Maryland Malpractice Suit Filed By Family After Man Addicted To Painkiller Commits Suicide

The family of a Bel Air man who committed suicide after becoming addicted to a prescription painkiller is filing a medical malpractice suit against his doctor.

Ken Jones was addicted to OxyContin when he shot himself in the chest on March 2003. The painkiller was prescribed to him by his doctor who was treating Jones for back pain.

Before committing suicide, Jones, then 48, had written a note saying that his doctor knew he was addicted to OxyContin but continued to increase his prescription dosage.

The medical malpractice suit is being filed against Jones’ doctor and Hartford Memorial Hospital for negligence and breach of care.

Jones’ wife said she reported her husband’s doctor to the Maryland Board of Physicians three years ago but is still awaiting the results of their investigation. The Board says that they are dealing with a backlog of cases.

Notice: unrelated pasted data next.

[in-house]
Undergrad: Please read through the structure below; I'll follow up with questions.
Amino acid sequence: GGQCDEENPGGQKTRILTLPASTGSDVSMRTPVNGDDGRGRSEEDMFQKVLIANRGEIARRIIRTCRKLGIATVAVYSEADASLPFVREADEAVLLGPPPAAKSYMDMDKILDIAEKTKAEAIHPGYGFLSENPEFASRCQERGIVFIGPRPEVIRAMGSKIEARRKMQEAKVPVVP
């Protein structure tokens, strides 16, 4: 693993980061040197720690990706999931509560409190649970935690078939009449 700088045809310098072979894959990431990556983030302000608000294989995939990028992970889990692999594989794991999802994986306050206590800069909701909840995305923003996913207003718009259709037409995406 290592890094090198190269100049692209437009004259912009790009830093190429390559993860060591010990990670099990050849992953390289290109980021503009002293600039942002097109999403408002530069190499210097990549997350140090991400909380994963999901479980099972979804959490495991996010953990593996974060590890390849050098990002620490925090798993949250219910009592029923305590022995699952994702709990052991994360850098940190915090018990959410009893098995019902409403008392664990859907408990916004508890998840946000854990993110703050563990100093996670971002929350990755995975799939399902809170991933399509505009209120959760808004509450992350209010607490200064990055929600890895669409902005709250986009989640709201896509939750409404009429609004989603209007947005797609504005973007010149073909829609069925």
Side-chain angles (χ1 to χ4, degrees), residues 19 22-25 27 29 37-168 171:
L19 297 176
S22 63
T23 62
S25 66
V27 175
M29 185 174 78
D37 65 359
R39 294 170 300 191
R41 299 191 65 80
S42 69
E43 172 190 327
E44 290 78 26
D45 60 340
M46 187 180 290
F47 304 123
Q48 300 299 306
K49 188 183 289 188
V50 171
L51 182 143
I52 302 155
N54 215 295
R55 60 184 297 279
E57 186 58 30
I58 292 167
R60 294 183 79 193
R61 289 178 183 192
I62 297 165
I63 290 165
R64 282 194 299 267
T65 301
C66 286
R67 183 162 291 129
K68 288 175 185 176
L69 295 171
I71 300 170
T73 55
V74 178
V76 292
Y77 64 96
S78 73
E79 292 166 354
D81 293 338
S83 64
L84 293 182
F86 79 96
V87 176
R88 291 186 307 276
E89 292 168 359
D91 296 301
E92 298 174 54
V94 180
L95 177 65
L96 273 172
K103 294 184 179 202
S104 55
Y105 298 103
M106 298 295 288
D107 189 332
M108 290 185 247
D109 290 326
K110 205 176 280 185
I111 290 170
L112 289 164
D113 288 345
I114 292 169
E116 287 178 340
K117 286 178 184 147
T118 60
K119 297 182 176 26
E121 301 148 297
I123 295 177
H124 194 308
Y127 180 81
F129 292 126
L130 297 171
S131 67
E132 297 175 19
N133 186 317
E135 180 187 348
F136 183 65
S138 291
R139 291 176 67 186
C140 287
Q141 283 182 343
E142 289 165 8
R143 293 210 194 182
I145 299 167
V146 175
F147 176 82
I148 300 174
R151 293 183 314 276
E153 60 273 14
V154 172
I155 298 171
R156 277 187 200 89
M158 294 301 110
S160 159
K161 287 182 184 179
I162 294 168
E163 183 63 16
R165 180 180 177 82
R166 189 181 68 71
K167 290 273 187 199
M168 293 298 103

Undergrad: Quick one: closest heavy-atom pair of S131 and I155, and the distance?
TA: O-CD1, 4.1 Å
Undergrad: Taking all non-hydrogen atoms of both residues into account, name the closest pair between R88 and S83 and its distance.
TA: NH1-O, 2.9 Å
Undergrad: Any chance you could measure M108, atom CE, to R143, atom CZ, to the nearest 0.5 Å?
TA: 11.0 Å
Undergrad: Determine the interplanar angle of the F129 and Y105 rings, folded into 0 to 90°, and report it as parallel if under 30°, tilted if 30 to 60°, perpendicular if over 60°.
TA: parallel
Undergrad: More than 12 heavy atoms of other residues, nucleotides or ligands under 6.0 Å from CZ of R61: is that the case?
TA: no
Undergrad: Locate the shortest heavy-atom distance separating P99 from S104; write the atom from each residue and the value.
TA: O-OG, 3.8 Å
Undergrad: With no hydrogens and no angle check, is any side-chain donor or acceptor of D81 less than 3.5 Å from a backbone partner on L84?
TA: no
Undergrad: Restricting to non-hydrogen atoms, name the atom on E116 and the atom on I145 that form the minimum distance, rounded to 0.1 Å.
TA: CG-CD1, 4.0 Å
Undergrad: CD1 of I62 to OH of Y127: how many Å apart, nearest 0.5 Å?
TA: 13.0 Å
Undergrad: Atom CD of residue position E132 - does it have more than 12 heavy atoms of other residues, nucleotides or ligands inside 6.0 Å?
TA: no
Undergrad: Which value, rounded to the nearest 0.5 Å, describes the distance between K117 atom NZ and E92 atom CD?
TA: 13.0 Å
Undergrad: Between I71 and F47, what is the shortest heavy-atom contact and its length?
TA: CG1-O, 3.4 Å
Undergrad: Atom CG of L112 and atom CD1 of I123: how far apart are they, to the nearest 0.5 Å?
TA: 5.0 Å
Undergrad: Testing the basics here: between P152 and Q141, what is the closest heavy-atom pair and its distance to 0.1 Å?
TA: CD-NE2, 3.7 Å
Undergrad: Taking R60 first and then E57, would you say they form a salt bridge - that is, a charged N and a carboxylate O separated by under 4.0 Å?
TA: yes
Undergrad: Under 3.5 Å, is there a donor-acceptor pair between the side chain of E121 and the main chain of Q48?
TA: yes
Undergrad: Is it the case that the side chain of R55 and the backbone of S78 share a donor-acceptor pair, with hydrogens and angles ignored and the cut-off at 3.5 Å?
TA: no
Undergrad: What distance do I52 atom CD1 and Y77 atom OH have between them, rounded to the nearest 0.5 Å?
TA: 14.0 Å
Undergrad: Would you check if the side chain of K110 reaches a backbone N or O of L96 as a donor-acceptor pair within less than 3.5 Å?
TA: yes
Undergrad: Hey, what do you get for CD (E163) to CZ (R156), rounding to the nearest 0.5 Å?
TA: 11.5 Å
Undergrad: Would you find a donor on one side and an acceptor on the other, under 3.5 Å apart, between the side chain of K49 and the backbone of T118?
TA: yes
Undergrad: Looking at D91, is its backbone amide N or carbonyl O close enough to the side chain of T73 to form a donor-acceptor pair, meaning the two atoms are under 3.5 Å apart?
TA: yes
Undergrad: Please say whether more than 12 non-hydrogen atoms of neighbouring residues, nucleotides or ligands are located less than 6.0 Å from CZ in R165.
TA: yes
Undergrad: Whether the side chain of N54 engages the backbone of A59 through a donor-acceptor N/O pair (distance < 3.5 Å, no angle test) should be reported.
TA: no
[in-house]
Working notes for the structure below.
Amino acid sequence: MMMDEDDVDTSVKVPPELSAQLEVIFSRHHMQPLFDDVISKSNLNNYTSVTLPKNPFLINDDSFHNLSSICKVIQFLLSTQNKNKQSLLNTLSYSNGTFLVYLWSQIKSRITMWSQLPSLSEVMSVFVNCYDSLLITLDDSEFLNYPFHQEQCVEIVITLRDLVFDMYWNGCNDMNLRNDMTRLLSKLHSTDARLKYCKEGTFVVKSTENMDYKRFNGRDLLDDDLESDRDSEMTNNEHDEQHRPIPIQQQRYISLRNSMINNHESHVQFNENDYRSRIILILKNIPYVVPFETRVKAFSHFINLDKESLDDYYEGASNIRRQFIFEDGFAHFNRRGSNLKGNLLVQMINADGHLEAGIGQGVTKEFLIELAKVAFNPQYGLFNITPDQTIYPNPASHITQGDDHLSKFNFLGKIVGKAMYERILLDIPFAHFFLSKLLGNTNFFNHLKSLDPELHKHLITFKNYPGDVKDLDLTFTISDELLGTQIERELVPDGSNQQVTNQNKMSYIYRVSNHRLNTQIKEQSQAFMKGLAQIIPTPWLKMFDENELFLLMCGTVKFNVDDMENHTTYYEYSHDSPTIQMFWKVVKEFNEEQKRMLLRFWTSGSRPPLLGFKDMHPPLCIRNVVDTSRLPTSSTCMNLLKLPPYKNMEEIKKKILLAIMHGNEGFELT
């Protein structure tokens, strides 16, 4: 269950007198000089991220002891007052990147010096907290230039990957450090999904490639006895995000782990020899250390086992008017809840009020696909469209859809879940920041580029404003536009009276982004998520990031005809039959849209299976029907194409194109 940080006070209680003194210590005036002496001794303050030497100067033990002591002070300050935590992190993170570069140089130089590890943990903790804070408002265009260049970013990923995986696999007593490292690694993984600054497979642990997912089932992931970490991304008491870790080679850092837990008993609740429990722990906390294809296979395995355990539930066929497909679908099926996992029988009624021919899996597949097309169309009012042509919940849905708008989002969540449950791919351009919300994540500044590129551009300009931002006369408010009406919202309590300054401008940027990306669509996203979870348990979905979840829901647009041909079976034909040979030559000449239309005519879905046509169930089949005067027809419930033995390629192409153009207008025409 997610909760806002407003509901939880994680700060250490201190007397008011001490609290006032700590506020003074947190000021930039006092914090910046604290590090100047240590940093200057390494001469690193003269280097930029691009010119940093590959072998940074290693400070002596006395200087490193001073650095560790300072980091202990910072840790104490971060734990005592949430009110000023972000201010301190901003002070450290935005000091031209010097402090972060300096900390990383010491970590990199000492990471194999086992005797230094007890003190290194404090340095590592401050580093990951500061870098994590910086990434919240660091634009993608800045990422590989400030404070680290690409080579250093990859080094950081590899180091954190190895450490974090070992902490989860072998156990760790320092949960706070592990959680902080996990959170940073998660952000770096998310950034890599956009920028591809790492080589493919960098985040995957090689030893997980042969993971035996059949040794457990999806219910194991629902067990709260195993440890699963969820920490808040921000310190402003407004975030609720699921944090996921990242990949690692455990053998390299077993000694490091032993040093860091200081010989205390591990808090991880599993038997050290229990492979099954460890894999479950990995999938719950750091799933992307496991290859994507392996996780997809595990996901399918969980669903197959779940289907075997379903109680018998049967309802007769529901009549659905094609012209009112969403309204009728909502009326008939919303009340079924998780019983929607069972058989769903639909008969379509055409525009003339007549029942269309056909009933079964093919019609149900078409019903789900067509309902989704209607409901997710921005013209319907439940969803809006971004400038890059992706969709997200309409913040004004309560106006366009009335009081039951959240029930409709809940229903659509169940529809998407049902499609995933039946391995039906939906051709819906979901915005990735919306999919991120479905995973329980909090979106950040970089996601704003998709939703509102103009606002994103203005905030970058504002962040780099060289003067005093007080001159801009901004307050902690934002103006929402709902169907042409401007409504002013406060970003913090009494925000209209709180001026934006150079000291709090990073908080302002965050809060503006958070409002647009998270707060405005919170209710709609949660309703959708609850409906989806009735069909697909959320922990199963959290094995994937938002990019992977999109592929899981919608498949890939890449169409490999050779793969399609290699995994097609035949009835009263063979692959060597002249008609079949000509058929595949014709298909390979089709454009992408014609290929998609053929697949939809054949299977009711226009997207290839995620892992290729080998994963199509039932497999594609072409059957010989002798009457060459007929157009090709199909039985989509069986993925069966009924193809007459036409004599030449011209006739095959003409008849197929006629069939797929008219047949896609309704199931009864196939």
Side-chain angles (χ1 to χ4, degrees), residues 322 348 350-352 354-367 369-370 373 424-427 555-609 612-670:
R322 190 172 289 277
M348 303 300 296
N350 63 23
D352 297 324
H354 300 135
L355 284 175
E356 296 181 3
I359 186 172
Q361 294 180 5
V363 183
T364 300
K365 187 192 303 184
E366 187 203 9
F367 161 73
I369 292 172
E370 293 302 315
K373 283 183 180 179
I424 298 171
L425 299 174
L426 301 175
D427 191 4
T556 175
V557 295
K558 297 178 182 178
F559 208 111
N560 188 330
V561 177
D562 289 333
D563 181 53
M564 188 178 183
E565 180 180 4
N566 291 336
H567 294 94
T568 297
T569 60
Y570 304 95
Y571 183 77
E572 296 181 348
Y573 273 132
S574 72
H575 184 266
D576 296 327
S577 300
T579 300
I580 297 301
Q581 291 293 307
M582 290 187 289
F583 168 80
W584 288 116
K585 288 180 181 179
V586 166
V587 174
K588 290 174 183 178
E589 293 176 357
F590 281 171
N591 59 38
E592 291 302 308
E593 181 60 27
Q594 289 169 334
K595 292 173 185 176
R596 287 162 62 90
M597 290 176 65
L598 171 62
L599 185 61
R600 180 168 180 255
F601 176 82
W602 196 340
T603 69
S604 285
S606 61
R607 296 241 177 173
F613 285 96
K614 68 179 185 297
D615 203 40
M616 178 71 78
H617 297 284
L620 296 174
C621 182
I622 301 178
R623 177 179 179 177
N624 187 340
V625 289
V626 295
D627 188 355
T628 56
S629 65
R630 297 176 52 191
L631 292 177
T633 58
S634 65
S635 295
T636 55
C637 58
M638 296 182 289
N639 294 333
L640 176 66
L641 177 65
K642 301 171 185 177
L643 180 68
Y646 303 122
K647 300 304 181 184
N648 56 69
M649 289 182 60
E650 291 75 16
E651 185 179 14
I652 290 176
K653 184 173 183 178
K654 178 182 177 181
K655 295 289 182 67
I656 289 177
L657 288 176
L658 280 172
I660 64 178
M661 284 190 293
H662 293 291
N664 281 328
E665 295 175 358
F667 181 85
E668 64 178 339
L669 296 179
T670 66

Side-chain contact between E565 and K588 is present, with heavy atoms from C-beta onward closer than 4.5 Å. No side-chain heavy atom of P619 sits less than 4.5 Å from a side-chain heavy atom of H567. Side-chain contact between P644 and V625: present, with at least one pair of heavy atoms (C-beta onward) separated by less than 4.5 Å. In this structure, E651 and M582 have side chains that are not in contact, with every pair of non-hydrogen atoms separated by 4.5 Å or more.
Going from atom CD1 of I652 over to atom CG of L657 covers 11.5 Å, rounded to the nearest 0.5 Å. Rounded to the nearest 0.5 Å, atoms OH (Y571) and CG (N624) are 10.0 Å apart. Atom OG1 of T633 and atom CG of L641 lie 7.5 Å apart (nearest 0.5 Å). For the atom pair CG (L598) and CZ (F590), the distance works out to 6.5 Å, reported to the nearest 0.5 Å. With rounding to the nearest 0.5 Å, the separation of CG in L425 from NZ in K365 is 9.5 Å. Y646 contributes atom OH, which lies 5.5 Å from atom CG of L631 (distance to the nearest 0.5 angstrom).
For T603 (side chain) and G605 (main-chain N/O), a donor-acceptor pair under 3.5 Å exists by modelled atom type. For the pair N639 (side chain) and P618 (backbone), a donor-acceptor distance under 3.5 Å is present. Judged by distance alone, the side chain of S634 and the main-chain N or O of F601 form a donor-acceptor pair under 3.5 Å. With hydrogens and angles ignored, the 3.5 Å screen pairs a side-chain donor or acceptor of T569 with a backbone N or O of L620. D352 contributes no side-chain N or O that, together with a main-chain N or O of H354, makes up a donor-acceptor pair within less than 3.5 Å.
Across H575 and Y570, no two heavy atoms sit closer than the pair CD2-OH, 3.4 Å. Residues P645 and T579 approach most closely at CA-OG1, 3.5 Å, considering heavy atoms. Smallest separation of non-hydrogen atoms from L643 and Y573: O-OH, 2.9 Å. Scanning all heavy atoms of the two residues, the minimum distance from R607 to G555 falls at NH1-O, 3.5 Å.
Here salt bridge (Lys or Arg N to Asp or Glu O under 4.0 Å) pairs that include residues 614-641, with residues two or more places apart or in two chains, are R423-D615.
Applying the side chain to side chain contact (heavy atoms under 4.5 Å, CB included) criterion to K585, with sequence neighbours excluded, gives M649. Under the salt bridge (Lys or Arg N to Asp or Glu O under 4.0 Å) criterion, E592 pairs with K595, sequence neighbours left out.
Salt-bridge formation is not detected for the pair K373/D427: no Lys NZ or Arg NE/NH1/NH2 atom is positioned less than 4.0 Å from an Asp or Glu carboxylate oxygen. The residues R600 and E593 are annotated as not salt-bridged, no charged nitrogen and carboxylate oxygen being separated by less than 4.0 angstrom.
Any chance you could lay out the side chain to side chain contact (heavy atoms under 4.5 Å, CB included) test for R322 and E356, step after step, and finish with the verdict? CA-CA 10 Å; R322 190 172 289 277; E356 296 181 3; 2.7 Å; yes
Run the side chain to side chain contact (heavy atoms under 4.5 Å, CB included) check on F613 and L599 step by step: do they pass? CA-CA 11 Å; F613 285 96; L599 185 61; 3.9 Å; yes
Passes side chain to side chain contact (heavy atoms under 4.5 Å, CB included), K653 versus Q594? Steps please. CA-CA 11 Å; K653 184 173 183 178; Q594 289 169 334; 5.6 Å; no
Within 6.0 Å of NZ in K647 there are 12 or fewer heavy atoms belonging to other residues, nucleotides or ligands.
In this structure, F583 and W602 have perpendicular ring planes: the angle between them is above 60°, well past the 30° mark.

Currently, there is no system in Maryland to monitor prescription drug abuse. Maryland lawmakers, however, recently passed a measure for funding.

OxyContin is a narcotic that contains a very strong pain reliever that is similar to morphine and is used for treating moderate to severe physical pain. There has been an increase of reported drug abuse cases and deaths related to OxyContin.


Federal Drug Enforcement Administration: OxyContin may have played a role in 464 deaths across the US from 2000 to 2001.

Substance Abuse and Mental Health Service Administration (SAMHSA) Drug Abuse Warning Network says:
– Emergency room mentions of OxyCodone increased 89% between 1993 and 1999
– Recently we have seen an increase of 68% with 10,825 emergency room mentions in 2000

2 Common Signs Of Prescription Drug Addiction:

– Increased tolerance for a drug
– Inability to stop using the drug
Family Lawsuit Claims Malpractice,, May 23, 2006
OxyContin Statistics, Narconon of Southern California
Prescription Drug Addiction Symptoms, e-Prescription Drug

Related Web Resources:

OxyContin Q and A,
Prescription Drug Malpractice Errors ,

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